Reality Check for the Ruling party

In the wake of several controversies and scams surrounding the ruling government of India, the fact that needs to be pondered upon is what is going wrong with the ruling party. With the Finance Minister pronouncing in the Union Budget that the government was looking towards a more transparent and result-oriented economic management system in India, the fact that only the subsidies to the poor and curbing the wasteful expenditure should be examined is a smaller picture of a bigger realm that surrounds the functioning of the government.

As examined by M.K. Venu in his article "Lessons in Inclusion", in The Indian Express (Dated March 18) reamarks, the bigger picture suggests that the UPA is aware of the "productivity deficit" that is existing in the government's functioning. This productivity deficit, as the writer states, is not just about economic efficiency; it is also about the way the state needs to reinvent itself and its institutions to manage the aspirations of a billion people. Indeed, the functioning of the state government tantamount to the progress of its people; consequently, better prospects for the government in ruling.

What the government, presently, needs to do is "re-conceptualize" the notion of power that exists in the society currently. With the state being under pressure to turn this power into a "productive force," the re-conceptualizing of the notion of power seems a viable option. For the power to turn into a productive force, the state will have to scrutinize every aspect of its functionaries who are working with them. The surmounting corruption has highlighted the roles of the smaller functionaries working within the government for the government; however, not truly performing the "function" that they are meant to perform. Rather, they have been misutilizing their "money and muscle power" to meet their ends and thus become "productive" in the eyes of the government. How far these "productive" works have been fruitful for the aam aadmi is yet to be deciphered.

Be it the Commonwealth Games, the 2G spectrum or the Aadarsh society scam; the ever-increasing amount of the scams have thrown the UPA government in a bad light. Mr. Venu remarks in his article that broadly the term "productive force" would mean that which seeks to give a sense of identity, order and capacity to the people at large. However, the difference would lie in understanding what would be needed to operationalize it. The government, in the wake of liberalisation, has attempted to alter the existing delivery mechanism-through smart cards, direct cash transfers- of public goods and services. This rise in India's global economic order has driven the state and ruling political elite to create new structures and institutions which enable power to flow productively through the entire system. This view of the writer cannot be disagreed upon.

The UPA government's attempt to provide Unique Identity Cards to all the citizens can be seen as a possible attempt at creating a structured existence for its citizens. However, this process of providing structured existence is not going to be easy with the abysmal record of the states in trying to maximize the productivity of power. The rampant corruption that has existed at all levels have resulted in this abysmal record. Drawing a comparison with the West, Mr. Venu says that those industrial societies have already made a transition from feudal to democratic order and created a grid of productive power systems largely accessible to all. So, where is India lagging behind? The productive potential of power to be pursued to bring about social and economic equality and order has failed with Congress because the party had was a coalition of powerful vested interests, says Mr. Venu.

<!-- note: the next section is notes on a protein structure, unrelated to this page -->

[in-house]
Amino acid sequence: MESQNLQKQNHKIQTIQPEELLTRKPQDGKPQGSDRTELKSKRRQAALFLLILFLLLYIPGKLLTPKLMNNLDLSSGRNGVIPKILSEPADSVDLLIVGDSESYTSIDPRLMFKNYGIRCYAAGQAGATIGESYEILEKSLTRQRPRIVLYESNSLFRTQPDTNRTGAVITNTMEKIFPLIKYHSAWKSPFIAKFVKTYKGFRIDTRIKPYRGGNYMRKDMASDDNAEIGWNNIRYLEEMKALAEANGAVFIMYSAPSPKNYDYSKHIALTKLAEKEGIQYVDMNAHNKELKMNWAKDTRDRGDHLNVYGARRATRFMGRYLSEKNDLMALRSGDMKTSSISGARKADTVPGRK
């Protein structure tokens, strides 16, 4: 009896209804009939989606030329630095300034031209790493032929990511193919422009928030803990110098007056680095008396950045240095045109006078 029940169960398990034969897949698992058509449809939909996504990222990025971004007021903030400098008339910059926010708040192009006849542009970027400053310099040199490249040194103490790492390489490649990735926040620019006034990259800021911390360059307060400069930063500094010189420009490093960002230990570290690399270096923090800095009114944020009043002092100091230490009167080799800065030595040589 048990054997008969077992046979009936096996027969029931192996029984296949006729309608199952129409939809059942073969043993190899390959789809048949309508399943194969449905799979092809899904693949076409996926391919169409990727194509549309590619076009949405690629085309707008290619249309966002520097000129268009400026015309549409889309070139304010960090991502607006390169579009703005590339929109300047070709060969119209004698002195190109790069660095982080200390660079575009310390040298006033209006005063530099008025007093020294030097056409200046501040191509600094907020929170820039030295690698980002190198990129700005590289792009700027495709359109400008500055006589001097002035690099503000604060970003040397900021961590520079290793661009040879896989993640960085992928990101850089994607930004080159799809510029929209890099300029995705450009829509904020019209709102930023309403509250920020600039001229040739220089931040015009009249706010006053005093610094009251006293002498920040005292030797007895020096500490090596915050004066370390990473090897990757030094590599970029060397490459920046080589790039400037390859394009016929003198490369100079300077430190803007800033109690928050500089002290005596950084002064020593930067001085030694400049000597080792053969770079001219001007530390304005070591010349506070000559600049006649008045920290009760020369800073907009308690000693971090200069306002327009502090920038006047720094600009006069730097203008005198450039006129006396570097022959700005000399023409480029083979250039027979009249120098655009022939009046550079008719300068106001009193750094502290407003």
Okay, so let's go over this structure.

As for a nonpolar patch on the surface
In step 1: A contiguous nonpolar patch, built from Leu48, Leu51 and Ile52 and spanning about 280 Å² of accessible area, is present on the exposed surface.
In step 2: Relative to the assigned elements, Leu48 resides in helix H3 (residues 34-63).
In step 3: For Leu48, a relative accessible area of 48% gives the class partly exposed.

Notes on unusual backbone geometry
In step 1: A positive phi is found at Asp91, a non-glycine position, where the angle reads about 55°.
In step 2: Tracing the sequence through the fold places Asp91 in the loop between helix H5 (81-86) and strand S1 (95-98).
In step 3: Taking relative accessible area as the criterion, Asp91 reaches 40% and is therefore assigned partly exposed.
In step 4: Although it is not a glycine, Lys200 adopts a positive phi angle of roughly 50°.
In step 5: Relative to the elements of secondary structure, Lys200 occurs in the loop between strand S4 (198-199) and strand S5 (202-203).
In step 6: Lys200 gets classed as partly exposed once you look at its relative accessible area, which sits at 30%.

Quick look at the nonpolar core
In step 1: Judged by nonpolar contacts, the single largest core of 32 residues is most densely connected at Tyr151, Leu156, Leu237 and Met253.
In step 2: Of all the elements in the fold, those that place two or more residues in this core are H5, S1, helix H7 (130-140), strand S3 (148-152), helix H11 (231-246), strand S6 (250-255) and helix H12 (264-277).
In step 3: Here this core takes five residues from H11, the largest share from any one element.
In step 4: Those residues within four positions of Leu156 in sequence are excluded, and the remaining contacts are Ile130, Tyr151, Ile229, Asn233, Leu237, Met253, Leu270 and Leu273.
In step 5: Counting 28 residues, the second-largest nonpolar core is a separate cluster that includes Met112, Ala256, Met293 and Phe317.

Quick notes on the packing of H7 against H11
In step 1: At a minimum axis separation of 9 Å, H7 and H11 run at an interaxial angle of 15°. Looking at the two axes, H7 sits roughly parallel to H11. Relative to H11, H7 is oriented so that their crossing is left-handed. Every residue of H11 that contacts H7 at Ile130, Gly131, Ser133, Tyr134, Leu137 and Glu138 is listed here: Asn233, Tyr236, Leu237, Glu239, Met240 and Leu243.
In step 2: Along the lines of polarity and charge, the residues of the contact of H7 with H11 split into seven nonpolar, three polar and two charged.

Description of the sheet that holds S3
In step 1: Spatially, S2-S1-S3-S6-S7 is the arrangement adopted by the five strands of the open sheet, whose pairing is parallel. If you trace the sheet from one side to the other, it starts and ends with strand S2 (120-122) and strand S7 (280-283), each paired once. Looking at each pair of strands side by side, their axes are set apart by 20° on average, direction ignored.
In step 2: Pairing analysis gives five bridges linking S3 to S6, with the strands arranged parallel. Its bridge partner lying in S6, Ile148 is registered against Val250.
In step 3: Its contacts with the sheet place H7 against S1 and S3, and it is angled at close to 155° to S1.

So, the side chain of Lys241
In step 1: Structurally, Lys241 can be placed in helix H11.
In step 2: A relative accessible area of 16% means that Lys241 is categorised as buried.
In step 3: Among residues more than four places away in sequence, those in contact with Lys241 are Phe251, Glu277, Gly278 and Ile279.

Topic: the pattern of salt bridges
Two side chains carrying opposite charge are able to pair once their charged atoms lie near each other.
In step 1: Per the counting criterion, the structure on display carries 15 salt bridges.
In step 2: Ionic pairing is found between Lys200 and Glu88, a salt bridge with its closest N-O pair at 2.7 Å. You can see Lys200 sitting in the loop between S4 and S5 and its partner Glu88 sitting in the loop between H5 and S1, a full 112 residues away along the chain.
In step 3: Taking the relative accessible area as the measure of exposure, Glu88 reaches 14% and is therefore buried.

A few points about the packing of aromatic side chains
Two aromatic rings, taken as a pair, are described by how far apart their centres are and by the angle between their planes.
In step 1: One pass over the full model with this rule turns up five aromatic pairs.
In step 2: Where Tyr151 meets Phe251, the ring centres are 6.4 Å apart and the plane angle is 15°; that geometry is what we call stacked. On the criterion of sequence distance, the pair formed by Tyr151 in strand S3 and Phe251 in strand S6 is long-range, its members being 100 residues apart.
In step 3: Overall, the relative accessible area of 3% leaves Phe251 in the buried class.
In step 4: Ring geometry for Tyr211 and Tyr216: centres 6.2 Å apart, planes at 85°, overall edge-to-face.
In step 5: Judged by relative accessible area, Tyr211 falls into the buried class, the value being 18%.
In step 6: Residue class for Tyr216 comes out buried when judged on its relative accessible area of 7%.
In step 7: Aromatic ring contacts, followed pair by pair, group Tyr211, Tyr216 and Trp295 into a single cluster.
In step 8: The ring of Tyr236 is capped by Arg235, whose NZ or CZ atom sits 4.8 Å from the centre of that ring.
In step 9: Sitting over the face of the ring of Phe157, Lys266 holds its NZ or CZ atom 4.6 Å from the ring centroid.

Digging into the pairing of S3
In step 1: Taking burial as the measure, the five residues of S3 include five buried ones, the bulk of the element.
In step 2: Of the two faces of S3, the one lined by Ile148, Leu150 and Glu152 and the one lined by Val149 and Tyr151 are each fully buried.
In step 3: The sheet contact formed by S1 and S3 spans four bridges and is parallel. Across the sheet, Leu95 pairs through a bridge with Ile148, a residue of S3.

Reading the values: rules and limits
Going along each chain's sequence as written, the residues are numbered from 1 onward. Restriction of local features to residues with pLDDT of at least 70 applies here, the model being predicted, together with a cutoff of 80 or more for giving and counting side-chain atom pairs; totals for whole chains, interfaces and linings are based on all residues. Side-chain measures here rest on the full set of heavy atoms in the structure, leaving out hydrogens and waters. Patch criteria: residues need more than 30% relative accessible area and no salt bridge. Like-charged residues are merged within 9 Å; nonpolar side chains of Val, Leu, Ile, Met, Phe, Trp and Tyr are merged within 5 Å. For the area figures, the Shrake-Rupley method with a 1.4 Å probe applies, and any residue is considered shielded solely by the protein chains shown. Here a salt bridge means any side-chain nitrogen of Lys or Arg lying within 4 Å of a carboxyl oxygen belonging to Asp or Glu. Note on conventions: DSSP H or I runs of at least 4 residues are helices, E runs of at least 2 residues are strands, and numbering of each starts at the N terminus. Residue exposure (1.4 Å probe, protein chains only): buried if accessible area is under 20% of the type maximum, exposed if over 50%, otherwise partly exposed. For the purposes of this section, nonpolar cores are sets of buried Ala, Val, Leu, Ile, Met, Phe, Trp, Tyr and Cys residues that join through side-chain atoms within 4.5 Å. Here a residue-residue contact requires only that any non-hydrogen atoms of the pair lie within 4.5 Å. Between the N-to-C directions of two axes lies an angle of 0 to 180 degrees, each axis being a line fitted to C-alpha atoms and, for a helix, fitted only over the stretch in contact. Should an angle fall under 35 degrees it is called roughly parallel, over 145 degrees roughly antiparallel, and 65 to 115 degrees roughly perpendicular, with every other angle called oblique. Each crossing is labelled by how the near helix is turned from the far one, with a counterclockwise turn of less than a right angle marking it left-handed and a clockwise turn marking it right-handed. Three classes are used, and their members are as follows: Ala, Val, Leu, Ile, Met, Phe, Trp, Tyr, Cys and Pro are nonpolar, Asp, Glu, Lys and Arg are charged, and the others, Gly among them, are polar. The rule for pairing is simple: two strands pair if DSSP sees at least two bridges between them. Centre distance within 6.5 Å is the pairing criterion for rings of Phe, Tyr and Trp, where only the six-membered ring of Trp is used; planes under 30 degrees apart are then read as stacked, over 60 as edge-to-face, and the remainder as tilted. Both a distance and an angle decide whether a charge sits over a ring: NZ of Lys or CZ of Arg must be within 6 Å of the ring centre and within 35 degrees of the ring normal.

The Congress has been unable to grapple with situation of how to ensure use of power productively. It can, however, learn from some of the ministers like Nitish Kumar and Mayawati who have come out strong and made the use of “power” productively. Rather than merely limiting themselves to the words, these ministers have worked for the upliftment of their states in a literal sense. They have able to establish, in Mr. Venu’s words, an “element of trust” with their voters; which is an important thing to consider if a party wished to remain in power. However, it does not seem to be a case with Congress; they had established their “trust” with the voters but the clouds of scams and the recent Wiki leaks exposures have shaken that.

The Congress needs to take some learning lessons from the successful counterparts in the states rather than just implementing mere strategies. In order for those strategies to come out successful, the image of the party that has been dented needs to be repaired in a way that will restore the faith of the citizens in its government. May be then the party can think of a so-called “successful” comeback; however, if it does not mend its ways, then it will be too late for it to even stand up to the pedestal that it has achieved till now.

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